New to the Library: Irish Newspaper Archive

I’m very happy to let you know that following a successful trial earlier this year and further to requests from students and staff in HCA the Library has a 1-year subscription to the Irish Newspaper Archive. This is the largest online database of Irish newspapers in the world covering nearly 300 years worth of history.

You can access the Irish Newspaper Archive via the Databases A-Z list or Newspapers and Magazines database list. You will soon also be able to access it via DiscoverEd. Access on-campus is direct but if you are working off-campus you will need to use VPN to get access. Read More

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Times Higher Education – now available

University of Edinburgh current staff and students now have access to the Times Higher Education via a library subscription.

With our institutional subscription, you will be able to read online articles and digital editions using the THE website, and you will also be able to download the THE app to your device.

This service provides access to the latest weekly edition, and you can also access full text  dating back to January 2013.  An archive of earlier articles can be searched, and you have the option to set up a weekly email alerting you when the new edition is available.

Access is enabled via a personal account which is associated with the University using your official University e-mail address (ending .ed.ac.uk)

Registering as a first time user

You can register for an account to access our institutional subscription from 1st June onwards.

If you are registering to access the Times Higher Education for the first time please follow these instructions so that your personal THE account is associated with the University’s institutional subscription:

  • From the Times Higher Education website click on the user account icon (i.e. the red person icon towards the top right)
  • Register using your University of Edinburgh email address ending @ed.ac.uk
  • Choose a username and password (please note that your username will appear in public facing parts of the site – for example if you choose to leave comments on articles)
  • Click on Join us at the bottom and you will be logged in
  • You will receive a confirmation email

Once you have successfully registered your personal account, just click on Login the next time you use the service.

Access digital editions

  • To access digital editions of Times Higher Education, go to the magazine’s homepage at https://www.timeshighereducation.com.
  • Click the “Professional” tab, then click “Digital Editions”.
  • Then simply select the issue you want to view.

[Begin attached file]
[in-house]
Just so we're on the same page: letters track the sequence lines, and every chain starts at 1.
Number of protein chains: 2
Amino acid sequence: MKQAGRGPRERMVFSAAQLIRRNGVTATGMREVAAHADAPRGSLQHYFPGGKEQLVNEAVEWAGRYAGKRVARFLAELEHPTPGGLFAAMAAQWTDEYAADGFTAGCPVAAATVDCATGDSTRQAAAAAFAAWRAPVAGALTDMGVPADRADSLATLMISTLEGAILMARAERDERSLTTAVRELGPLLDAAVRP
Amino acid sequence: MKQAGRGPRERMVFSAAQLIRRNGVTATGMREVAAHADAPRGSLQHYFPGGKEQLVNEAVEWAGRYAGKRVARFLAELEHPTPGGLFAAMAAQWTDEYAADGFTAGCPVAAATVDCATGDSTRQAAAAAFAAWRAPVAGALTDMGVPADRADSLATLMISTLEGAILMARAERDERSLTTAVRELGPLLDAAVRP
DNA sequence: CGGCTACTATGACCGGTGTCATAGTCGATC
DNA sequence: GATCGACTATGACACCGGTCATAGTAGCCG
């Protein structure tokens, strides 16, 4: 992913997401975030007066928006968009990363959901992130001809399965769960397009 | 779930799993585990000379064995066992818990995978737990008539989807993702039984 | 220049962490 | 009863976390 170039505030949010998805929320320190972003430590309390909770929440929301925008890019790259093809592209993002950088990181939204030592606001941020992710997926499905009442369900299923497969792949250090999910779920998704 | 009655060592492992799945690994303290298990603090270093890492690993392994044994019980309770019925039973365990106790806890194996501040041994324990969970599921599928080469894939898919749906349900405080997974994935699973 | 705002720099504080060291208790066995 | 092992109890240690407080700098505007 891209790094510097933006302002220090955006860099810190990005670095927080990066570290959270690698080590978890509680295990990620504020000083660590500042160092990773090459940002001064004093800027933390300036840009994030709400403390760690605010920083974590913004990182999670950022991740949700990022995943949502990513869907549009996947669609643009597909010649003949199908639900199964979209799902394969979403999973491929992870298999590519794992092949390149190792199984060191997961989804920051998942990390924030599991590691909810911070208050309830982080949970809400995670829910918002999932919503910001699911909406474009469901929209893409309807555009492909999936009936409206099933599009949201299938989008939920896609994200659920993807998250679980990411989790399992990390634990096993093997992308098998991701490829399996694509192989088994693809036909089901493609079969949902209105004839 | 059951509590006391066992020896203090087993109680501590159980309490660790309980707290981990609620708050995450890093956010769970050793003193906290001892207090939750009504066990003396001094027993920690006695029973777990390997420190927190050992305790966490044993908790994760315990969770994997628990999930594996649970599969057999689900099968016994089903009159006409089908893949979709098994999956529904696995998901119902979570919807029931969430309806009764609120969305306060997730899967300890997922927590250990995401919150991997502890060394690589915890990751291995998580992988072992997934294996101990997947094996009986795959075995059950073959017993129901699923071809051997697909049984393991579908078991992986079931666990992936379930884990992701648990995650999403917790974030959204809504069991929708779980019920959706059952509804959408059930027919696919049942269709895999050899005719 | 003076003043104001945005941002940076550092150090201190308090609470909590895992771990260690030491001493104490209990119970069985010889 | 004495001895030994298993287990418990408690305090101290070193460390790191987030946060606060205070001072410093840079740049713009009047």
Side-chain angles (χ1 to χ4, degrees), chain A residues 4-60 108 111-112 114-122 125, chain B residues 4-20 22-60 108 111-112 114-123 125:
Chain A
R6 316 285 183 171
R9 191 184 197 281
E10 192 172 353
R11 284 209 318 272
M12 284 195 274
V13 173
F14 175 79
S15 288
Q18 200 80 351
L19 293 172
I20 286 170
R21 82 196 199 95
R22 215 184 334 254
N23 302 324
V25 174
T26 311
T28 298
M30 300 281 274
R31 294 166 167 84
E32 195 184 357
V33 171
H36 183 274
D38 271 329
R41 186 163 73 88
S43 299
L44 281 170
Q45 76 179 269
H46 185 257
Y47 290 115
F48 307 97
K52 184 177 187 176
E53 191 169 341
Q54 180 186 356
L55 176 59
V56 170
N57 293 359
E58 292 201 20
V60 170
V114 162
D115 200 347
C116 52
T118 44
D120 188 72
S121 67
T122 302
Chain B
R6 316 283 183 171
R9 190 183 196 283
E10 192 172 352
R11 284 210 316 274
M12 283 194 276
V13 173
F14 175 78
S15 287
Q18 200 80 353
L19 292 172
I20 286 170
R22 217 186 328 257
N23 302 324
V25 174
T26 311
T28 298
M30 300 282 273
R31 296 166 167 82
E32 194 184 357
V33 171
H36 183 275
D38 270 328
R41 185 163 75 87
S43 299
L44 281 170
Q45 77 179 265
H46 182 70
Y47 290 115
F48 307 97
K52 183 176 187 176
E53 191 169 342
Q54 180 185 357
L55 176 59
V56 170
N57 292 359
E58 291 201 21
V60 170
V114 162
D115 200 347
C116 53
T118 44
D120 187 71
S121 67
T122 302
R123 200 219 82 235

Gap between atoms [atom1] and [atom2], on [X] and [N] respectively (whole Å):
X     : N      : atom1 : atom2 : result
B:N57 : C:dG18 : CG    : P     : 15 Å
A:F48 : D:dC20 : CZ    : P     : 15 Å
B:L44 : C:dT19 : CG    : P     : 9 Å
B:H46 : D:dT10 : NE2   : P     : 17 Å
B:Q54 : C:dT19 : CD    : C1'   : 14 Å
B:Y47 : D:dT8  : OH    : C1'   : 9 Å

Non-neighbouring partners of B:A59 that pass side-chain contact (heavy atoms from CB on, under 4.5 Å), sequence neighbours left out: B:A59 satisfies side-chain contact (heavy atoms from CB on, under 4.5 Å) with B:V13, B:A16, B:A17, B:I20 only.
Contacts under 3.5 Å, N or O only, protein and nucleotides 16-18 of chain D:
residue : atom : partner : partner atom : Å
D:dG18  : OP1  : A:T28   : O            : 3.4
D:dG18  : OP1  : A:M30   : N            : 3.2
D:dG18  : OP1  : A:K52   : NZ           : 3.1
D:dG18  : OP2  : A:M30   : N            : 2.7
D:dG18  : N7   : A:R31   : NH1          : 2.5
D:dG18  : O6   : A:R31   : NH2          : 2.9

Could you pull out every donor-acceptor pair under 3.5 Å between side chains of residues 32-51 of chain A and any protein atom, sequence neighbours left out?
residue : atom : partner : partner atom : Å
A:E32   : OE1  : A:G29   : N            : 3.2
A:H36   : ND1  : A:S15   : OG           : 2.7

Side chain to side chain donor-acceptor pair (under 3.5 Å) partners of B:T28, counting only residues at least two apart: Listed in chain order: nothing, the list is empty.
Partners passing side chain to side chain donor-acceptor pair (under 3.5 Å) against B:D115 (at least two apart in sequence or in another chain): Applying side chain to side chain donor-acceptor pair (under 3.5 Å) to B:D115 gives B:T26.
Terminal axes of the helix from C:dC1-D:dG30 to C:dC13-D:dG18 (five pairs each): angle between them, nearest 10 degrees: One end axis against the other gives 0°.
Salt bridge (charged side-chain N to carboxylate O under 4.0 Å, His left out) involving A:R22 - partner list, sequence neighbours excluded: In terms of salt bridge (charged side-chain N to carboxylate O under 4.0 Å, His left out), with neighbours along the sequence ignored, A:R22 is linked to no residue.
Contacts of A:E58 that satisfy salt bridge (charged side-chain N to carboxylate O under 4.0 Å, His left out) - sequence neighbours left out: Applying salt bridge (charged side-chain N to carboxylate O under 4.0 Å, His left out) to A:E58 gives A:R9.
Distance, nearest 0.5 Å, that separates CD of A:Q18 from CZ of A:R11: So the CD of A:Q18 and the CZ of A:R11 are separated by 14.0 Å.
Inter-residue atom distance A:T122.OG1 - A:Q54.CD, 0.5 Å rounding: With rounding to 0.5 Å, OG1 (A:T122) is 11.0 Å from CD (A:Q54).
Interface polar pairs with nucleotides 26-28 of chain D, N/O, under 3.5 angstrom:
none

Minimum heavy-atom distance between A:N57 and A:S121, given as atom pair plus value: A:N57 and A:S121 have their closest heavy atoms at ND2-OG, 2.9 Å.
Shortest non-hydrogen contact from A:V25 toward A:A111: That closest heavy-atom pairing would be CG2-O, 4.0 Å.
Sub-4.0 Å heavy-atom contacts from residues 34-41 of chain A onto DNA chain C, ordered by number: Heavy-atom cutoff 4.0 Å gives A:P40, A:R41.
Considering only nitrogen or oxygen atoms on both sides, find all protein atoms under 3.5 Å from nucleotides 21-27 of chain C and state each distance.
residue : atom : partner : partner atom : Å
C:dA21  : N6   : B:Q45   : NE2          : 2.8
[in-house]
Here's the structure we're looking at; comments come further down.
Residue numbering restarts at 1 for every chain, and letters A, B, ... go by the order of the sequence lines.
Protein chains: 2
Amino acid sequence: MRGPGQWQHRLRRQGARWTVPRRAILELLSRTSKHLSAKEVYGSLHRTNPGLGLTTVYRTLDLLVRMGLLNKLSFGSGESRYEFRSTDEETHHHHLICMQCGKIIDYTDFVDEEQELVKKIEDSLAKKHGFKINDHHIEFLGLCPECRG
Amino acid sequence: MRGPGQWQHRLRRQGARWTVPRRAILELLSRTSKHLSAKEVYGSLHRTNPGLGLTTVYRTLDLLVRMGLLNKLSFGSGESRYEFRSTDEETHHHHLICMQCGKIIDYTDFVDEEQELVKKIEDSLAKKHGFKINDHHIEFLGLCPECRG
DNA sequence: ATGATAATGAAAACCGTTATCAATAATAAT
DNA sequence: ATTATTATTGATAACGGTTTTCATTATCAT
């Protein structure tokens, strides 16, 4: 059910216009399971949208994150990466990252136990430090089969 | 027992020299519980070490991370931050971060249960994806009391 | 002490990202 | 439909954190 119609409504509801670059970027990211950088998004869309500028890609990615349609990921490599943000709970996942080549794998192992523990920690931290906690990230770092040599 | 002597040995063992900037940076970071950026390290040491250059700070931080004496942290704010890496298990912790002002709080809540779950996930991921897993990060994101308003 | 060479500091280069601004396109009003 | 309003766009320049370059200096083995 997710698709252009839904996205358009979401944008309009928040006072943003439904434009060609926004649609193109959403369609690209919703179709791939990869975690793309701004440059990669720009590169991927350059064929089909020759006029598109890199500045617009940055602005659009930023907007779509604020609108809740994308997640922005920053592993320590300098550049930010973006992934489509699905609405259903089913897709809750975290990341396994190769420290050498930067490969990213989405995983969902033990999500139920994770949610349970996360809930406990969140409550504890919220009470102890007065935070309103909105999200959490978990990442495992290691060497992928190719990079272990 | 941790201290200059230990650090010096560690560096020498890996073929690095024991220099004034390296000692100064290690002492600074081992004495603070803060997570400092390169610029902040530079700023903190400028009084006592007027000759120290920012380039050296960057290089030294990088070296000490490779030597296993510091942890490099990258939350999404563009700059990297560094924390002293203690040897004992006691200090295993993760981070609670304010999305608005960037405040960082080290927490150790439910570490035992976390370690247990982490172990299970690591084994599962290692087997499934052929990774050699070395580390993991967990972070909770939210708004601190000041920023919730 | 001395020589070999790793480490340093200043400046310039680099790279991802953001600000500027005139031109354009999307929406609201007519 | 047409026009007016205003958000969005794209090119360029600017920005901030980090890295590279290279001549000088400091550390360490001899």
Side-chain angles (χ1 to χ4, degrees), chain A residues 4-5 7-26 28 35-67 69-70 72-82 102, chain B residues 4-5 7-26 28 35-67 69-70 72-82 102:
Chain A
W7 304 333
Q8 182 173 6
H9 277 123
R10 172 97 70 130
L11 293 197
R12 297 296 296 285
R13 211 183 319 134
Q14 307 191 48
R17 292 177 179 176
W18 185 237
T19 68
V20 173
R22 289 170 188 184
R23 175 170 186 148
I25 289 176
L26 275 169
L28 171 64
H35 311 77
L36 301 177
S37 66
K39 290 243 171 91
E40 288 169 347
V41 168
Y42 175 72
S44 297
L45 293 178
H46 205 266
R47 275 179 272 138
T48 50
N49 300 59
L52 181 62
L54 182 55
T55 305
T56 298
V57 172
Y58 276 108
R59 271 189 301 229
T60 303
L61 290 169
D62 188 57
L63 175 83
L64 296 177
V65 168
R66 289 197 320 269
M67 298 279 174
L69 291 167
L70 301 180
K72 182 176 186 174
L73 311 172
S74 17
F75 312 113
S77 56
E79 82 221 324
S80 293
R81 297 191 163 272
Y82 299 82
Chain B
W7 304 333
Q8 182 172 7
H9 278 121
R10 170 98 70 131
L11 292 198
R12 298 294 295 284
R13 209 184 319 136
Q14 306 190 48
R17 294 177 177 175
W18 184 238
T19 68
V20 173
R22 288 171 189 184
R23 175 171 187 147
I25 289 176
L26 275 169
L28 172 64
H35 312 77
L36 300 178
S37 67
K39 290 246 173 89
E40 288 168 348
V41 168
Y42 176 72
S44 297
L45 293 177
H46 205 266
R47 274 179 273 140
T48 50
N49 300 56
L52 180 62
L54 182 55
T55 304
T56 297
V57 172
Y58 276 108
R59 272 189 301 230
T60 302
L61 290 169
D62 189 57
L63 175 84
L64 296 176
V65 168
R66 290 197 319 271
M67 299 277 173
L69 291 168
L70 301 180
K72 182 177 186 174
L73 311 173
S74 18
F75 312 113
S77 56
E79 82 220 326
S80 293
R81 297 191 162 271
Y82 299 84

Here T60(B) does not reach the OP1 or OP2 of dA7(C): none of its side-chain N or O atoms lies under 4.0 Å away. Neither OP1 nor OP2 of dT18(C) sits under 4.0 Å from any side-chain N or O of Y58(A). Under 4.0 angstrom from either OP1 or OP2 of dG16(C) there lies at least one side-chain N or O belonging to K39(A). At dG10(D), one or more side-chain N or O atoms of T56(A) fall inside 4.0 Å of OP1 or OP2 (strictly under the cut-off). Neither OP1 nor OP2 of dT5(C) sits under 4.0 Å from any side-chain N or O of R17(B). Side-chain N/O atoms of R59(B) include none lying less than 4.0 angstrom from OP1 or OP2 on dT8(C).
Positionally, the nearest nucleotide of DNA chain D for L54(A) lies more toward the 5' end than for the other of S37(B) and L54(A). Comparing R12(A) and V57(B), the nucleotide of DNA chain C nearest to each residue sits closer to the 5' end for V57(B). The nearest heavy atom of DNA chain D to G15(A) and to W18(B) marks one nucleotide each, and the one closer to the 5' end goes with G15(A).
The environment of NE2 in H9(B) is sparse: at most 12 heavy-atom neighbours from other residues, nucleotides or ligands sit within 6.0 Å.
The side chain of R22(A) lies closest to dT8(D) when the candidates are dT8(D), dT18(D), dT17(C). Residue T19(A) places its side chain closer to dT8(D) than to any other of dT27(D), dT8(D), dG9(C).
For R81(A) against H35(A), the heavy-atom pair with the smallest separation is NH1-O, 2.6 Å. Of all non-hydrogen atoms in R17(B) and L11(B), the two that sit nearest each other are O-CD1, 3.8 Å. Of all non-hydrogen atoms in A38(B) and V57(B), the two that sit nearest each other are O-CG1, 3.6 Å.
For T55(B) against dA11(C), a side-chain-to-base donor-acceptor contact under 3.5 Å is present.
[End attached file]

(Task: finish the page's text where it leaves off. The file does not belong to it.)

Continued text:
Download the app

  • The Times Higher Education app is available on iOS, Android and Kindle Fire. Visit your app store provider to download it to your device.
  • Select the edition you would like to view (e.g. UK or Global).
  • Log in by clicking on the icon in the top right corner.
  • Select Account, then click “Existing THE account”.
  • Enter your username and password.

Still need help?

If you require further information about setting up your access for the library subscription to Times Higher Education then please:

Contact us via the IS Helpline

 

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IIIF Conference, Washington, May 2018

Washington Monument & Reflecting Pool

Washington Monument & Reflecting Pool

We (Joe Marshall (Head of Special Collections) and Scott Renton (Library Digital Development)) visited Washington DC for the IIIF Conference from 21st-25th May. This was a great opportunity for L&UC, not only to visit the Library of Congress- the mecca of our industry in some ways- but also to come back with a wealth of knowledge which we could use to inform how we operate.

Edinburgh gave two papers- the two of us delivering a talk on Special Collections discovery at the Library and how IIIF could make it all more comprehensible (including the Mahabharata Scroll), and Scott spoke with Terry Brady of Georgetown University showing how IIIF has improved our respective repository workflows.

From a purely practical level, it was great to meet face to face with colleagues from across the world- we have a very real example of a problem solved with Drake from LUNA, which we hope to be able to show very soon. It was also interesting to see how the API specs are developing- the presentation API will be enhanced with AV in version 3, and we can already see some use cases with which to try this out; search and discovery are APIs we’ve done nothing with, but these will help the ability to search within and across items, which is essential to our estate of systems, and 3D, while not having an API of its own, is also being addressed by IIIF, and it was fascinating to see the work that Universal Viewer and Sketchfab (which the DIU use) are doing to accommodate it.

The community groups are growing too, and we hope to increase our involvement with some of the less technical areas- Manuscripts, Museums, and the newly-proposed Archives group in the near future.

Among a wealth of great presentations, we’ve each identified one as our favourite: